- The Washington Times - Thursday, July 28, 2016

WikiLeaks’ publication of stolen Democratic National Committee correspondence has incited internet tycoon Kim Dotcom to promise he’ll help bankroll the anti-secrecy website through 2017.

“I pledge to raise $1m for Wikileaks within a year,” Mr. Dotcom, the German-born founder of now-defunct file-sharing service Megaupload, said in a tweet Wednesday.

“Help Julian Assange and his team. They do an excellent job,” he wrote to his nearly half-million Twitter followers.

In addition to promising to help provide a significant sum of cash for WikiLeaks, Mr. Dotcom’s tweet is especially meaningful given the similarities between himself and Mr. Assange, the Australian publisher who launched the secret-spilling website nearly a decade ago. Both men are foreign-born hackers currently at the center of separate long-standing U.S. Department of Justice probes as a result of running websites that have drawn ire from American prosecutors.

Mr. Dotcom, born Kim Schmitz, and his Megaupload colleagues were indicted by the Justice Department in 2012 on charges ranging from racketeering to copyright infringement conspiracy related to the website’s operations. Prosecutors said Megaupload cost the entertainment industry roughly $500 million by facilitating illegal file-sharing and have been pressed for the administrators’ extradition for the last four years.

Mr. Assange, meanwhile, has long attested he is the target of a sealed federal indictment related to WikiLeaks and its past disclosures, including hundreds of thousands of State Department and Pentagon documents supplied by Pvt. Chelsea Manning, a former Army intelligence analyst currently serving a 35-year prison sentence for her role with the website.

Mr. Dotcom and Mr. Assange have both been pursued by the same federal prosecutor in Alexandria, Virginia, the WikiLeaks founder said previously.  

And although the Justice Department has failed so far to formally announce any charges against Mr. Assange, federal officials have undoubtedly set its sights on WikiLeaks since soon after the soldier’s disclosures.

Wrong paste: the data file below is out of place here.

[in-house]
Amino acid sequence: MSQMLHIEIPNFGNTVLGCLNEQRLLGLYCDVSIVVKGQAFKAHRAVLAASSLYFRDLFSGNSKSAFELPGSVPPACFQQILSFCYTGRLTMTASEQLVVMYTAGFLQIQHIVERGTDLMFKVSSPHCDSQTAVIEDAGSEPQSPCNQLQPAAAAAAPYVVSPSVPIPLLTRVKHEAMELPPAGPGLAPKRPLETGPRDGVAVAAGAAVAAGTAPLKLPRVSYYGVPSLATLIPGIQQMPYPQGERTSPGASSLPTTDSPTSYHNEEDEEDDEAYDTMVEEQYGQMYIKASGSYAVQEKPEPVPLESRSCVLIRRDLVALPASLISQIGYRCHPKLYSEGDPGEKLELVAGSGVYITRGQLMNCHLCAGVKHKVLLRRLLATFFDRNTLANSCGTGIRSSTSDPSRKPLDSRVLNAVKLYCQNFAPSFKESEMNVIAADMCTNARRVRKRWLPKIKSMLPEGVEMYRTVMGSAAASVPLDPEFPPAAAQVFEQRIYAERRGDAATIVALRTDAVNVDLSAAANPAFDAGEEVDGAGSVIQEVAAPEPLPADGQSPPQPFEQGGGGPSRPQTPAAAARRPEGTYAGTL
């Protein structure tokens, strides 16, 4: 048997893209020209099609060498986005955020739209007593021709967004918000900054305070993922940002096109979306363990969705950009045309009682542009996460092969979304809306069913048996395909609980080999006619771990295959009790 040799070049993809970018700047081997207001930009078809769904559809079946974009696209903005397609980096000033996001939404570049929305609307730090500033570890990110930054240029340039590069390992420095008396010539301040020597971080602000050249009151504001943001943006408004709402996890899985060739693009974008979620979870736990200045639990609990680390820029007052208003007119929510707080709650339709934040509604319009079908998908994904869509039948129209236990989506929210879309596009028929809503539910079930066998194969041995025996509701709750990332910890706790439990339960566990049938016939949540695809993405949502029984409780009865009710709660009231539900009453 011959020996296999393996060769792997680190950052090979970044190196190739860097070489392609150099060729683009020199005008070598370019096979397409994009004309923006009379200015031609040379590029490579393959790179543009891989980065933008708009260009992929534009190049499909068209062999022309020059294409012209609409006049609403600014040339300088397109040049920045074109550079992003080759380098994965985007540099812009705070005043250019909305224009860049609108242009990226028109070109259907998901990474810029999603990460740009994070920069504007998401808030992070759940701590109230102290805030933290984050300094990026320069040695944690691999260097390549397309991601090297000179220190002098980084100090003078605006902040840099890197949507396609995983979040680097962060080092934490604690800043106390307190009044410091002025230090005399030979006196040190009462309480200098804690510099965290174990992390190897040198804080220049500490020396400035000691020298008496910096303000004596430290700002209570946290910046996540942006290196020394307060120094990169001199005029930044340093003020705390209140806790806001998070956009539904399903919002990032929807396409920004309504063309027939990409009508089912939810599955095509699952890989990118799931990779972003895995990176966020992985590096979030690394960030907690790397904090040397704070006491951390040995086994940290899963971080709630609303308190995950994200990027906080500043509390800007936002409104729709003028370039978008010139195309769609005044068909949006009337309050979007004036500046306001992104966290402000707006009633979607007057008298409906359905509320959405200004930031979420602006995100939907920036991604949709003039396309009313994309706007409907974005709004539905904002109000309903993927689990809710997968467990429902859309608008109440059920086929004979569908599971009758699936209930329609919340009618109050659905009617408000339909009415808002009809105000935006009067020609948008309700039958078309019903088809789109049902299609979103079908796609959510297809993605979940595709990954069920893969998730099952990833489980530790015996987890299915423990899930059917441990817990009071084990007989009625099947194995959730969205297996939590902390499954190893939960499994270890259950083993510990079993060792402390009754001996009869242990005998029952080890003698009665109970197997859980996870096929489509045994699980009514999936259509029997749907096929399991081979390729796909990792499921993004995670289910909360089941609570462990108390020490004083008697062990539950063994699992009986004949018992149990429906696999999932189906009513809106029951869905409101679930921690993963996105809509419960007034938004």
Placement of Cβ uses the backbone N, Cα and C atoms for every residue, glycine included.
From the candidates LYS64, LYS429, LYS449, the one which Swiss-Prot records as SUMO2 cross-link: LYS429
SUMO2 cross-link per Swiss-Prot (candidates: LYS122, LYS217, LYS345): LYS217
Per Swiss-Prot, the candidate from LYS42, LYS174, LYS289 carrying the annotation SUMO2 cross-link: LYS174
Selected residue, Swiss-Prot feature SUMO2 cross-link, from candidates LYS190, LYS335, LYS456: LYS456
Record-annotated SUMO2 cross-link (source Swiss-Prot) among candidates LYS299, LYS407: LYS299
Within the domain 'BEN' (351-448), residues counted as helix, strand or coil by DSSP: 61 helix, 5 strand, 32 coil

PayPal said in 2010 that it had stopped processing payments to WikiLeaks upon the urging of the State Department, and a Justice Department representative confirmed this past May that the website remains the subject of an FBI investigation six years after it started leaking classified documents.

While Mr. Dotcom has been adamant about both his disdain for the Obama administration and his support for WikiLeaks since at 2012, the German hacker-turned-internet tycoon has rehashed either topic through his Twitter account in the wake of Mr. Assange’s decision last week to publish leaked DNC documents.

“You’re a corrupt serial liar. You can’t honor an oath of office for a day,” Mr. Dotcom said Monday in a tweet directed to Democratic presidential nominee Hillary Clinton.

“The @Wikileaks nuke to end @HillaryClinton is yet to come. @realDonaldTrump might fall in love with Internet freedom & transparency,” reads another one of Mr. Dotcom’s recent tweets.

Previously, Mr. Dotcom said he believed Megaupload was targeted by the Justice Department in part because his website donated more than $220,000 to WikiLeaks in 2012 after the website published video footage of an U.S. Army helicopter firing at journalists.

He did not immediately respond to requests for comment Thursday.

• Andrew Blake can be reached at ablake@washingtontimes.com.

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